A deodorizing substance which shall be at once efficient, safe, devoid of irritating and noxious properties, and itself free from odor, is a great desideratum in the sick-room. It is of great importance to the attendants upon the sick that the atmosphere of the apartment should be freed as much as possible from the foul odors that arise from morbid secretions or exhalations in cases of fever, of cancer, of urinary diseases, and of colliquative diarrhea. These odors, if not specifically morbific, are at least nauseating and eminently disgusting. And it can hardly be doubted that their effect on the patient is very deleterious.
The various deodorizing substances hitherto in general use are liable to serious objections. The Chloride of Lime (so-called) has itself an odor very offensive to many persons, and extremely irritating to a sensitive pulmonary apparatus, or to eyes predisposed to strumous inflammation. The Nitrate of Lead gives off gasses which are peculiarly irritating to the eyes and throat, while the solution of this substance is very objectionable in domestic use, from its corrosive properties. The Chloride of Zinc is liable to similar objections, and all of these substances interfere very decidedly with the action of our remedies.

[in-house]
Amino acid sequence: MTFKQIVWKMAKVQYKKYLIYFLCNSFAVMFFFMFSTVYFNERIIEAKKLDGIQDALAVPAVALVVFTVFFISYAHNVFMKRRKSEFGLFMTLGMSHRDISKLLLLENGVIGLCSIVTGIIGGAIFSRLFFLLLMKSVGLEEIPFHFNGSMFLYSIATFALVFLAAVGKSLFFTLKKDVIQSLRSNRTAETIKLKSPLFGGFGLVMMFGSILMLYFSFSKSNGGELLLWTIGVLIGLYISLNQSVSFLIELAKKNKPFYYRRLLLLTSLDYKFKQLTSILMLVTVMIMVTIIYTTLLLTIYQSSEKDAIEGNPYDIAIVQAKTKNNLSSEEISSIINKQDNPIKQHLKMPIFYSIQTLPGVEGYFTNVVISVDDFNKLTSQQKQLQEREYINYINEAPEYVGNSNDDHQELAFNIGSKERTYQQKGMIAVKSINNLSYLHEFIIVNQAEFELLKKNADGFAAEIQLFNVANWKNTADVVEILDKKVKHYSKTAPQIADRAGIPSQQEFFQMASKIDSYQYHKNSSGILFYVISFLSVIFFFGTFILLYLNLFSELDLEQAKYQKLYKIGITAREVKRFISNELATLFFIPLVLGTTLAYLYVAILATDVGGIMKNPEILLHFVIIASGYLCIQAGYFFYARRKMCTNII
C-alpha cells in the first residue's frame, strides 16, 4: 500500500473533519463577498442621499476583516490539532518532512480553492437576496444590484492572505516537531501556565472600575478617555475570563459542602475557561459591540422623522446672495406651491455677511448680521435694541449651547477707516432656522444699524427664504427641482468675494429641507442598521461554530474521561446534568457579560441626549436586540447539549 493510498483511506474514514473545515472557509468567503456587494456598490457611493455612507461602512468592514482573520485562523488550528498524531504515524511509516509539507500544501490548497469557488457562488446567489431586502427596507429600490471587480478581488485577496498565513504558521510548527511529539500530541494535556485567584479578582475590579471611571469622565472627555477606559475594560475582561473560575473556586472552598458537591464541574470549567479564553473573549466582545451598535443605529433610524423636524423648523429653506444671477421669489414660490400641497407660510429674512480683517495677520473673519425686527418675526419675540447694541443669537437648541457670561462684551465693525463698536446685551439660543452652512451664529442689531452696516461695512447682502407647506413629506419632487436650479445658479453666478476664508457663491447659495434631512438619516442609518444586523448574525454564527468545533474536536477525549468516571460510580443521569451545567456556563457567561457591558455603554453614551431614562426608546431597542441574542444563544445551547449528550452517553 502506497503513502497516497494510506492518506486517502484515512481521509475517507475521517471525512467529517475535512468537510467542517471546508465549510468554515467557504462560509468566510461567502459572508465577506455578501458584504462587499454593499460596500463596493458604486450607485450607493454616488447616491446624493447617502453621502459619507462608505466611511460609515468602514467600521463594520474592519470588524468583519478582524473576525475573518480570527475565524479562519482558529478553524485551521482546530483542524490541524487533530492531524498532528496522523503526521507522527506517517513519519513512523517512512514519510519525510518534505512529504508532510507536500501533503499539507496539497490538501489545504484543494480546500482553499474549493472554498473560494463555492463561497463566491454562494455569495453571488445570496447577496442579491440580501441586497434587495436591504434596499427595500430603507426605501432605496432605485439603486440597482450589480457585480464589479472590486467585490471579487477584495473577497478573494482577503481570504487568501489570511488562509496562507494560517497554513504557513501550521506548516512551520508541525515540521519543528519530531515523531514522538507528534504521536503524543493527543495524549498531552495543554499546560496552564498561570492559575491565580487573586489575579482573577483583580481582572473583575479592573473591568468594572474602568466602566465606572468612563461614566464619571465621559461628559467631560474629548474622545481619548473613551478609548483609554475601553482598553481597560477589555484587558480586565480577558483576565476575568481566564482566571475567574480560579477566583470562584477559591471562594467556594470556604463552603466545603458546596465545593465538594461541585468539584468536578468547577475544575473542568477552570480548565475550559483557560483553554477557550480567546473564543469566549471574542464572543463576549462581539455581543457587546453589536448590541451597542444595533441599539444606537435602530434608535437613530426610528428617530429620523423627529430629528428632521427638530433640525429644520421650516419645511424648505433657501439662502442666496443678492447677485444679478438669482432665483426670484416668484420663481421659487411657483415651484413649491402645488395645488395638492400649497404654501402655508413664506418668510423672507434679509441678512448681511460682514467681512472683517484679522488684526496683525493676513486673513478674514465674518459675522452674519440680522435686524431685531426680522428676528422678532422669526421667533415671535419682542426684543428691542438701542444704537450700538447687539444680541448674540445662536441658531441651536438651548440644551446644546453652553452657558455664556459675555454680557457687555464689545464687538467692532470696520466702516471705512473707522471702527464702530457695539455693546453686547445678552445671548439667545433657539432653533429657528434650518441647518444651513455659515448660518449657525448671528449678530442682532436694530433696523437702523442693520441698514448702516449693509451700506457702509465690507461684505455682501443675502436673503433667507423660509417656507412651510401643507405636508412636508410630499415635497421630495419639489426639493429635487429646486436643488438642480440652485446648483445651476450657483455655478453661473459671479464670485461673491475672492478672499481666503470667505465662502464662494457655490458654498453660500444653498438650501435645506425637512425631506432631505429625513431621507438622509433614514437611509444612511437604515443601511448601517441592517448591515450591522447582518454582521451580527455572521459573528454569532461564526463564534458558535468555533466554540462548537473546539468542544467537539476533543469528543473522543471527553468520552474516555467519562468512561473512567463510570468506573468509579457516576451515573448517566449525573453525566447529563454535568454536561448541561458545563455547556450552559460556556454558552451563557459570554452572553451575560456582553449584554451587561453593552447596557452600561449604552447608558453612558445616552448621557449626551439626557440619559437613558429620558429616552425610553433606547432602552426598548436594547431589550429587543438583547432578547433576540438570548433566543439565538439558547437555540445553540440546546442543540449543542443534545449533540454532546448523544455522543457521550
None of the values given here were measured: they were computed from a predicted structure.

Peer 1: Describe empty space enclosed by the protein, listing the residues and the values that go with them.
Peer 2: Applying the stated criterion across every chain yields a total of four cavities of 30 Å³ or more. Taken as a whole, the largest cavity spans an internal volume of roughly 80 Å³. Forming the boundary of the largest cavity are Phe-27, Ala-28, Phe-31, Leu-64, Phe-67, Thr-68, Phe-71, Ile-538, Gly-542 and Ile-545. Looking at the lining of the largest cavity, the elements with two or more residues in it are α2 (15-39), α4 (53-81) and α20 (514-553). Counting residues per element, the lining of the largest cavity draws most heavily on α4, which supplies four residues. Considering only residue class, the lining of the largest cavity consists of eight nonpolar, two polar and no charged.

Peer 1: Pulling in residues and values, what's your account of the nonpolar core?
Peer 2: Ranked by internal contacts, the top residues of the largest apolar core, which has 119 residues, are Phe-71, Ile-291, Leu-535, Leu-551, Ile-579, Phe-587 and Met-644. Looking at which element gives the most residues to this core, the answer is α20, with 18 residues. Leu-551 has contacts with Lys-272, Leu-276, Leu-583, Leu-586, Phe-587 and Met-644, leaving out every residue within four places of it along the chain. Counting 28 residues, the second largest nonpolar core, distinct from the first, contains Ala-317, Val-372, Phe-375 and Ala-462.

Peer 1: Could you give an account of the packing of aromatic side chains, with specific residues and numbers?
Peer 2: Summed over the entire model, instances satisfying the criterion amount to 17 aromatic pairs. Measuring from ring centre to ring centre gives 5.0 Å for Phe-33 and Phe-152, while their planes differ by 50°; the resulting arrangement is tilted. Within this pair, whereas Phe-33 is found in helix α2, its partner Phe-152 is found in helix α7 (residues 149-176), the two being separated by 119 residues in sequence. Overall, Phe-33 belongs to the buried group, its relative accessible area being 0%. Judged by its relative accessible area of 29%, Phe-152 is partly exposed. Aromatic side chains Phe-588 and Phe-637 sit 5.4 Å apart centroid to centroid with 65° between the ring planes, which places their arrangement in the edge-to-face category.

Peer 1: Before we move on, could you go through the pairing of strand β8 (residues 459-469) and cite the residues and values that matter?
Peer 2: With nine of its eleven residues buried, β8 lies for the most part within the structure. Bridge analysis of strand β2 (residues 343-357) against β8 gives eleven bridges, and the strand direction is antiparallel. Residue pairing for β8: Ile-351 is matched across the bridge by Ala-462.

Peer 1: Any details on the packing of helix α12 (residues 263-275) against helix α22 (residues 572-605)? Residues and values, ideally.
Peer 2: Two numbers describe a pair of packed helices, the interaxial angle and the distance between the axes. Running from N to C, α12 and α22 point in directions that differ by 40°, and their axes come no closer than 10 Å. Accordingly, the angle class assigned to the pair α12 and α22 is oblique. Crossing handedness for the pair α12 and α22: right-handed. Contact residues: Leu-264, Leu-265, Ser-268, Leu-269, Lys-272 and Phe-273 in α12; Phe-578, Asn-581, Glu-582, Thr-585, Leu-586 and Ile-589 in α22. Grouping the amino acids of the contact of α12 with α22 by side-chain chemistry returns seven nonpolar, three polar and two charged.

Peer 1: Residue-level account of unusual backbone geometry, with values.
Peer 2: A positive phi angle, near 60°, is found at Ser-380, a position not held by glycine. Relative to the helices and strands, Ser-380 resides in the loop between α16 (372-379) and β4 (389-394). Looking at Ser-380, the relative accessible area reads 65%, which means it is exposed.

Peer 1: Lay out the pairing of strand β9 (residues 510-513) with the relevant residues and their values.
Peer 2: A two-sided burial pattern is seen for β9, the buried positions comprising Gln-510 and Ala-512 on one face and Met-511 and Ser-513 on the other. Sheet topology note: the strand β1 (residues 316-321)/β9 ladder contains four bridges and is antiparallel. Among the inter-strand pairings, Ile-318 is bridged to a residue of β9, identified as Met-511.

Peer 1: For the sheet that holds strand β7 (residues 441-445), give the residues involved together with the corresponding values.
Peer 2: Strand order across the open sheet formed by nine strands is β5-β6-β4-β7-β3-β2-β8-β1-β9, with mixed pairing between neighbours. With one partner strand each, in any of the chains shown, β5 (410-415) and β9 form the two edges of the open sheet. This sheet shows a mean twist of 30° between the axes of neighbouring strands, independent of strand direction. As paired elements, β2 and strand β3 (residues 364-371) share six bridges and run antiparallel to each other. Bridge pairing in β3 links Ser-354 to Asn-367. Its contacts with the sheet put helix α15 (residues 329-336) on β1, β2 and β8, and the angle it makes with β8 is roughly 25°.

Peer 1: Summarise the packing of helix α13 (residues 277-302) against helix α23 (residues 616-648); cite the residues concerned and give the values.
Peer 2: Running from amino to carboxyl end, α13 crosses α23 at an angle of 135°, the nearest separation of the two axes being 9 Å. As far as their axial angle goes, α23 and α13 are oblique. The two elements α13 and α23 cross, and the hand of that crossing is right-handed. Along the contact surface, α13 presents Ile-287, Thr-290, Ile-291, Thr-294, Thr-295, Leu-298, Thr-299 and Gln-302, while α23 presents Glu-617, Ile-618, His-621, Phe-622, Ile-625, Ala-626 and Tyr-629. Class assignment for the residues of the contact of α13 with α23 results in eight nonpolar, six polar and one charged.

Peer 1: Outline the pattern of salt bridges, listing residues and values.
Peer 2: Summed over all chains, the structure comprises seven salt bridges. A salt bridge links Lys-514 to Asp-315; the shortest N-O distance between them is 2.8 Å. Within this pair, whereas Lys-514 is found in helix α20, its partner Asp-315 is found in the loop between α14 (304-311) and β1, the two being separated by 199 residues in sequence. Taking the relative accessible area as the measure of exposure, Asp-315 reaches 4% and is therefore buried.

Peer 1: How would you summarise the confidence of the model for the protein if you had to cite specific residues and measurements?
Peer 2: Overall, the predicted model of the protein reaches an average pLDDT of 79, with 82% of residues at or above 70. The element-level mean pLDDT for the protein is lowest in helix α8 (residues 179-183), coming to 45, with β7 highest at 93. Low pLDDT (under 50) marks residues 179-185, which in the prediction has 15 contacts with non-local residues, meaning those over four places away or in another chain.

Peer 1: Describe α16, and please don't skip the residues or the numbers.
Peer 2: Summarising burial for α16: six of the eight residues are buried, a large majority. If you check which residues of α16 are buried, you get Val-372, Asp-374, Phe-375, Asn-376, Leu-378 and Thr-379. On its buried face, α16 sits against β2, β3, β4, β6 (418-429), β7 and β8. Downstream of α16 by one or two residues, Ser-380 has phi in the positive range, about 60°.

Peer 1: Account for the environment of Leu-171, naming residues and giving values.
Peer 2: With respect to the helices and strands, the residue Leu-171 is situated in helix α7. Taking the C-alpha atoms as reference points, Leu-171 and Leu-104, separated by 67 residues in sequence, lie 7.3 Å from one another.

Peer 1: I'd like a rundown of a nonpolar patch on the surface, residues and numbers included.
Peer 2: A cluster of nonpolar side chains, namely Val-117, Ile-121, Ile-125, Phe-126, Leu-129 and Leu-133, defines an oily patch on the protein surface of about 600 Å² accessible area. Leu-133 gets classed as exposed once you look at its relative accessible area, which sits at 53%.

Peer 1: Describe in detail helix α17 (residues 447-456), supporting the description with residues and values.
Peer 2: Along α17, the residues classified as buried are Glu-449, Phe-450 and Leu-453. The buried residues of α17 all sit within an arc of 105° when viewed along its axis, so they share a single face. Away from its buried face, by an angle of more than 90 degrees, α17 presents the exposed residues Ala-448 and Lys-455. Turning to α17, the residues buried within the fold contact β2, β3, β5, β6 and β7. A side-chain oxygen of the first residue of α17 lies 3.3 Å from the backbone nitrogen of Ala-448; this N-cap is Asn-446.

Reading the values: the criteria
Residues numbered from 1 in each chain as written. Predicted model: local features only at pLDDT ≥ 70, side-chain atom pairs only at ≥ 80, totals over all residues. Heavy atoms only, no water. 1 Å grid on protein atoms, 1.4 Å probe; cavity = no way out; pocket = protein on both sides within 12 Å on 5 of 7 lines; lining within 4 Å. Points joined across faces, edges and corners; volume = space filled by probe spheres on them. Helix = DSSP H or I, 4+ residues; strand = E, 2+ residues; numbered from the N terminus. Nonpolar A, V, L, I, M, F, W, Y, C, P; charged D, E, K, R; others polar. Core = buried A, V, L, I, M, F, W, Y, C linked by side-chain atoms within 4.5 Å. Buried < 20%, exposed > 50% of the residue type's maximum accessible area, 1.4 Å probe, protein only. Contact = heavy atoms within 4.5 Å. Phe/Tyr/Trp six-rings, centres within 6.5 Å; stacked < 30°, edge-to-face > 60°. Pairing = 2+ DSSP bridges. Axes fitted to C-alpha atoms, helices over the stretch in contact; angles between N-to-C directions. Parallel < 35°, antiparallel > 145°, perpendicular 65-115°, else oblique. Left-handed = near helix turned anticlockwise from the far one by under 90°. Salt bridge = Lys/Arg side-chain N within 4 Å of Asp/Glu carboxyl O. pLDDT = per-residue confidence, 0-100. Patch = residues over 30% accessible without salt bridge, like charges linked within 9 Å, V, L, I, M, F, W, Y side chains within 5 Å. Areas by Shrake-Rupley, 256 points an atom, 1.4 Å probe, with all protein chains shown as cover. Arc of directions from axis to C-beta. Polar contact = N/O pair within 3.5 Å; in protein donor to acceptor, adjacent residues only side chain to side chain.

In the British Journal of Homoeopathy for April, 1859, Mr. Evan Fraser, M. R. C. S., calls attention to the Chlorate of Potassa as a deodorizing agent, free from all the objections which obtain against the above named substances. Mr. Fraser in addition recommends it as an application to cancerous and ill-conditioned ulcers. As a topical application I have no experience in its use and I should hesitate so to employ it while unacquainted with its pathogenetic action, but as a deodorizing substance for use in the sick chamber I have had satisfactory experience of its admirable efficacy, and I have as yet seen no reason to believe that its presence in the room is in any way injurious to the patient, or that it interfers in any way with the action of our remedies. My habit has been to dissolve a half ounce of the Chlorate of Potassa in a gallon of water, and to cause towels saturated with this solution to be hung in various parts of the chamber or swung gently to and fro, whenever an unpleasant odor is perceived. By this means, in a few moments the most offensive odor is entirely removed.
|Source:||The AMERICAN HOMOEOPATHIC REVIEW Vol. 01 No. 11, 1859, pages 516-517|
|Editing:||errors only; interlinks; formatting|